The late 1970s were a tumultuous time for Iran, a nation pervaded by feelings of unrest. In 1979, a tide of Iranian citizens frustrated with the increasing westernization of their country toppled the ruling monarchy.
In the years before the revolution, under the reign of Mohammed Reza Shah Pahlavi and his father before him, Iran had been thrust into modernity — roads and railways expanded, women were empowered, and the Shah developed budding relationships with western powers. Islamic laws were replaced with western ones, and the monarchy banned traditional Islamic clothing, namely the veiling of women, as well as the separation of sexes associated with Islam. Opposition was quickly squashed; conservative political parties were disbanded and protests were violently disrupted. The government was seen as brutal, corrupt, and unlawful...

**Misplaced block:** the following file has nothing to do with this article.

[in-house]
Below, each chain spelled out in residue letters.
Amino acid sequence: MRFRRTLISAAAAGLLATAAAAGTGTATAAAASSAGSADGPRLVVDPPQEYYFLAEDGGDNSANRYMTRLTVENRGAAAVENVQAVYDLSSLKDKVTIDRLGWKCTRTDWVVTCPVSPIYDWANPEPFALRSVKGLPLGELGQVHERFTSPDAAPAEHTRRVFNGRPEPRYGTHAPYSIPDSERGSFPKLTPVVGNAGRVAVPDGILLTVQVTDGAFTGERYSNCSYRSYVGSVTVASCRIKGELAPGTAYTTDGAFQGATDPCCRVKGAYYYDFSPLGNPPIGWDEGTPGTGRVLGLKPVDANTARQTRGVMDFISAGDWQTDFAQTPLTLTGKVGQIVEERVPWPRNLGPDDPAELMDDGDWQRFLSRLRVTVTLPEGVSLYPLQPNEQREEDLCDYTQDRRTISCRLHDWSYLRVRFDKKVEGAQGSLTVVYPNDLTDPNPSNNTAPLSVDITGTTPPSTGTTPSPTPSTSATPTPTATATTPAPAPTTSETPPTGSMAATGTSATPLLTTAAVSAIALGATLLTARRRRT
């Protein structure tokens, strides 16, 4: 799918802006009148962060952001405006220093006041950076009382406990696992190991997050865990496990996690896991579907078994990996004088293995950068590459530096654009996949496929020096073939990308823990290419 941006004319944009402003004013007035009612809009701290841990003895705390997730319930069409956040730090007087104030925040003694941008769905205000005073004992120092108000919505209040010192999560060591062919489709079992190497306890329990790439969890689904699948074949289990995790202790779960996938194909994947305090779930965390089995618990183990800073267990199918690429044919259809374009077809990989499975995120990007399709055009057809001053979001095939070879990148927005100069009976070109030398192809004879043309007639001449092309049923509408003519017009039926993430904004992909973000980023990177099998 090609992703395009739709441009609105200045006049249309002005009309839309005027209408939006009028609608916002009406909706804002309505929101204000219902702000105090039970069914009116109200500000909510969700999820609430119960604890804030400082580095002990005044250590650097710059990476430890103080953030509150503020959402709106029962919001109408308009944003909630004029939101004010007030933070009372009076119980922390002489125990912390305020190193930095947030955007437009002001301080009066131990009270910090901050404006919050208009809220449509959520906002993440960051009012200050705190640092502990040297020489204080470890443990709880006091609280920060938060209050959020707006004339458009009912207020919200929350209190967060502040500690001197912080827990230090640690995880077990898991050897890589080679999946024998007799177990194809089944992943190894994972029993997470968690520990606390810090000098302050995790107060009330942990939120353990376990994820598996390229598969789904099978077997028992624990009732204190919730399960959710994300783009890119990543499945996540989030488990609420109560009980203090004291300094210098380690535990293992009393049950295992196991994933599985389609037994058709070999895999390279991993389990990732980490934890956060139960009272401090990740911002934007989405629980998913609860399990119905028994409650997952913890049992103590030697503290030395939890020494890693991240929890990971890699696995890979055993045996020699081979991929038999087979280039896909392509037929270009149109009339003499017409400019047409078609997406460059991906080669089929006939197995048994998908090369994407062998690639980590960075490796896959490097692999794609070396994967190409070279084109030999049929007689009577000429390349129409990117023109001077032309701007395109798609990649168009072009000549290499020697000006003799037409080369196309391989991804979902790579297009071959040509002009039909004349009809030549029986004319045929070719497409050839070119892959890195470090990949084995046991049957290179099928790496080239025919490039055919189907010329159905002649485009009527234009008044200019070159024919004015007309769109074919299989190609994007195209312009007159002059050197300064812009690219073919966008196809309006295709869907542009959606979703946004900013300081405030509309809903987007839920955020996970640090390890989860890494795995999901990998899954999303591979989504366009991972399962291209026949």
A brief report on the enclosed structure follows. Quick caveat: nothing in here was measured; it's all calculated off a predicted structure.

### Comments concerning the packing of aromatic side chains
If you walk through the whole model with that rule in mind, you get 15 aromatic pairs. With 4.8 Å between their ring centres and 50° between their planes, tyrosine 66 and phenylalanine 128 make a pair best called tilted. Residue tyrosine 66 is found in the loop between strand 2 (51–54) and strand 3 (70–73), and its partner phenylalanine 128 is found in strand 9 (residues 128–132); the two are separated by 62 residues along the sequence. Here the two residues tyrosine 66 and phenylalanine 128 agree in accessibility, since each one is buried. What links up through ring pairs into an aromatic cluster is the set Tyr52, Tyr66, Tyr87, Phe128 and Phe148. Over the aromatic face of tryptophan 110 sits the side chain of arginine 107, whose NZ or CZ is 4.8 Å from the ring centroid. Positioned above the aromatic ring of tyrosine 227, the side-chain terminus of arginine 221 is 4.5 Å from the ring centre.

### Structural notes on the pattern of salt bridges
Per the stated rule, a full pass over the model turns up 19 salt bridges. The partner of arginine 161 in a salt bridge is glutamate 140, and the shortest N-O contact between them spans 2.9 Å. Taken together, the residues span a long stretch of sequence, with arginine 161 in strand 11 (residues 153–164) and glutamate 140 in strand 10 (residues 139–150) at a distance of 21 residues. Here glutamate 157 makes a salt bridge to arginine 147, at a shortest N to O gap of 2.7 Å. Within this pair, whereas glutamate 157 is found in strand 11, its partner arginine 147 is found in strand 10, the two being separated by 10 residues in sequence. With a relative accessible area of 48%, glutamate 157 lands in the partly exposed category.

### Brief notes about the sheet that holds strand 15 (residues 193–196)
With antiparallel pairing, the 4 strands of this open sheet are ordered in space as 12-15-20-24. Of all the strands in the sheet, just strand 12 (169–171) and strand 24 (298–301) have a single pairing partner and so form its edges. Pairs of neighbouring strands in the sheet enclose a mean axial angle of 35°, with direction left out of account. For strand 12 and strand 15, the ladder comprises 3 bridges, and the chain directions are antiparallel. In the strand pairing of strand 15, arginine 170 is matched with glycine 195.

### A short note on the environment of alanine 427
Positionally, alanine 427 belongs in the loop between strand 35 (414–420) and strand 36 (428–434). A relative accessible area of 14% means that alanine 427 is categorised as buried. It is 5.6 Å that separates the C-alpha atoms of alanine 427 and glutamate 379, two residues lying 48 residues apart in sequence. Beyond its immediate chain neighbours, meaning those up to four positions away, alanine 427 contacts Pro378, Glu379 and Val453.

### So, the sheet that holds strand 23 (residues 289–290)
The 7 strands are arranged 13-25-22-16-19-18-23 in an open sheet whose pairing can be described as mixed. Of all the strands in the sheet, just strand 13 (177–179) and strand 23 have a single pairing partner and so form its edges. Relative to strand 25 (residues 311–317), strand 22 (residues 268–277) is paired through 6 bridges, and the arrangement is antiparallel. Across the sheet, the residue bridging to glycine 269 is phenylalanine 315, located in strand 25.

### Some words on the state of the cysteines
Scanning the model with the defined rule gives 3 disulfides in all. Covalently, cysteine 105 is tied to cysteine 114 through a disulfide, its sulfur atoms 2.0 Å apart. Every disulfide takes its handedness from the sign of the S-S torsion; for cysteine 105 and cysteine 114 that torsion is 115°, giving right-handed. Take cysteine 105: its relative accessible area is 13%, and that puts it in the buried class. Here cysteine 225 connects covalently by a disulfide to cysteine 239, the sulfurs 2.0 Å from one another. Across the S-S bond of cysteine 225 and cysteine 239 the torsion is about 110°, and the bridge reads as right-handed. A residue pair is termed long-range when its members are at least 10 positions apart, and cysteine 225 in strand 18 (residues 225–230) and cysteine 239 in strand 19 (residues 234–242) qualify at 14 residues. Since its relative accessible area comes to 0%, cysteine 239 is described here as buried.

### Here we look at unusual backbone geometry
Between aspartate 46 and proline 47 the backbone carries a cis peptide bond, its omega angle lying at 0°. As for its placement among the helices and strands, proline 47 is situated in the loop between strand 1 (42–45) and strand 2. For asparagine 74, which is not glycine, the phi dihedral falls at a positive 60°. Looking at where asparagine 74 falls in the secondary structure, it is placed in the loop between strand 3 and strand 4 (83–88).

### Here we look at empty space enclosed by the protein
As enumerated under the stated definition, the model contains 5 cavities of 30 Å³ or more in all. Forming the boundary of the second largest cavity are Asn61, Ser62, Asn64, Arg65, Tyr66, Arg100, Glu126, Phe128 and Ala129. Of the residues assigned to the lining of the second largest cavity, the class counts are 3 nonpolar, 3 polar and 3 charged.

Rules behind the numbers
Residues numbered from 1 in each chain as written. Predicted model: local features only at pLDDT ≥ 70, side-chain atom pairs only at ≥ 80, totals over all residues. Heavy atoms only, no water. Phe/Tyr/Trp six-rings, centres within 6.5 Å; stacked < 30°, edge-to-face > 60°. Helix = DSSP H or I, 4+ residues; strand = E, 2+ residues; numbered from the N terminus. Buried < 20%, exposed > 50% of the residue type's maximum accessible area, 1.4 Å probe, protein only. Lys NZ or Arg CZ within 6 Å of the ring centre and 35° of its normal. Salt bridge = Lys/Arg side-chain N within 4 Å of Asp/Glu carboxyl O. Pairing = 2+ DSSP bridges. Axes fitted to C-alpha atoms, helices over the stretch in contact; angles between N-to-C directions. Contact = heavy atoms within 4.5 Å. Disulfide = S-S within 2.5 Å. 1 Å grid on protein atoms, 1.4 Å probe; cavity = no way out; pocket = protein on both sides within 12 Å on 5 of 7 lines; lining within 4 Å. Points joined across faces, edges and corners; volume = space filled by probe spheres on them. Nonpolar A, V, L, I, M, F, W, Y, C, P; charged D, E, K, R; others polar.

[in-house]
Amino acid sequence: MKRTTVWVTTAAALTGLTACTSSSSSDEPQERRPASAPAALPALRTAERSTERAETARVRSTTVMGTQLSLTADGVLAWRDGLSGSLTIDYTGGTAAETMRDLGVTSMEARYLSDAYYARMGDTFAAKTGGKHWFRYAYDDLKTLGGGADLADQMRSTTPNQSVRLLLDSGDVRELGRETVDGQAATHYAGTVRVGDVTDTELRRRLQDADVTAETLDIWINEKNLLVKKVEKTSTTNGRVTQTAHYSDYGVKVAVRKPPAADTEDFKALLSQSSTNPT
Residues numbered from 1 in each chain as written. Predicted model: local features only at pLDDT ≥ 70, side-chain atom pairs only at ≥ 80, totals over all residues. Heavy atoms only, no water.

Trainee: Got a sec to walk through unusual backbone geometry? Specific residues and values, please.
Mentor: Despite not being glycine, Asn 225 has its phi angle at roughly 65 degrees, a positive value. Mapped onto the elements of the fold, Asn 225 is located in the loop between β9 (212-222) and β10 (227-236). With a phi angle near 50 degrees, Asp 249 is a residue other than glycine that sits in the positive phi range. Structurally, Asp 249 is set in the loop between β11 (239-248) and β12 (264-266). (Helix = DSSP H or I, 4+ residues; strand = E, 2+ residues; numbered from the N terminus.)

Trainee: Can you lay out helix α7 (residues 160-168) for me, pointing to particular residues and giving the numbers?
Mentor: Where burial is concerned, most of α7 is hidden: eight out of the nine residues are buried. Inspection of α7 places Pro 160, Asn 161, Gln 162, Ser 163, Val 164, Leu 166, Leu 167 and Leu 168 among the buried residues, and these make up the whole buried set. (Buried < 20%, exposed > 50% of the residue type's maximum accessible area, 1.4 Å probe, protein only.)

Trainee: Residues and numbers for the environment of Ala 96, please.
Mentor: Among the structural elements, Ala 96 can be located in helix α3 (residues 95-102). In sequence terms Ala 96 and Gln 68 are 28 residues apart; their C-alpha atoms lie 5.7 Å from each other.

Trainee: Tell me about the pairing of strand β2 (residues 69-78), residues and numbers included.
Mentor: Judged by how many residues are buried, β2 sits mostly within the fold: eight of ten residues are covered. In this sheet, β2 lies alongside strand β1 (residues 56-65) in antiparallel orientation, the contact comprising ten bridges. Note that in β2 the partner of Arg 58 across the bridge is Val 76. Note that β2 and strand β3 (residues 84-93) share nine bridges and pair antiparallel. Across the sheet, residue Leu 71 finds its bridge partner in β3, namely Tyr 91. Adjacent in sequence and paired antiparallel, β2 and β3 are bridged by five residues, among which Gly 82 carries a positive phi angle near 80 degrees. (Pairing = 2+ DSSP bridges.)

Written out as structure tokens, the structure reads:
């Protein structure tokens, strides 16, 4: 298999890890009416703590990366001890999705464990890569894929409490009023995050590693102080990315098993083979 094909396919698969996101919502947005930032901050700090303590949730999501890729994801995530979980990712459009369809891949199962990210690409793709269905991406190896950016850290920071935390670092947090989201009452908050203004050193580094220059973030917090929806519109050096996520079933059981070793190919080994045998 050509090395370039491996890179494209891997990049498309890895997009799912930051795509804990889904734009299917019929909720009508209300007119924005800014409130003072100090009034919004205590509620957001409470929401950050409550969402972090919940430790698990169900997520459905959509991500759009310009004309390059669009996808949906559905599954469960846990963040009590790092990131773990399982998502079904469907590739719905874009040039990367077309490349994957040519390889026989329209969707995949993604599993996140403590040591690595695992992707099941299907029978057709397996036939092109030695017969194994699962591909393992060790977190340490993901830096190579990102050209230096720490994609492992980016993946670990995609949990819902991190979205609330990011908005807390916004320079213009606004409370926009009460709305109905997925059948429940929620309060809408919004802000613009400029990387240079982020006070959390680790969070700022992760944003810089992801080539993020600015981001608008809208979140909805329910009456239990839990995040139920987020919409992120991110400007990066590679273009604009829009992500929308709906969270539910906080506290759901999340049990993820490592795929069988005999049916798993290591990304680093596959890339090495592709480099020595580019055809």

Would you like to reuse content from CEP Magazine? It’s easy to request permission to reuse content. Simply click here to connect instantly to licensing services, where you can choose from a list of options regarding how you would like to reuse the desired content and complete the transaction.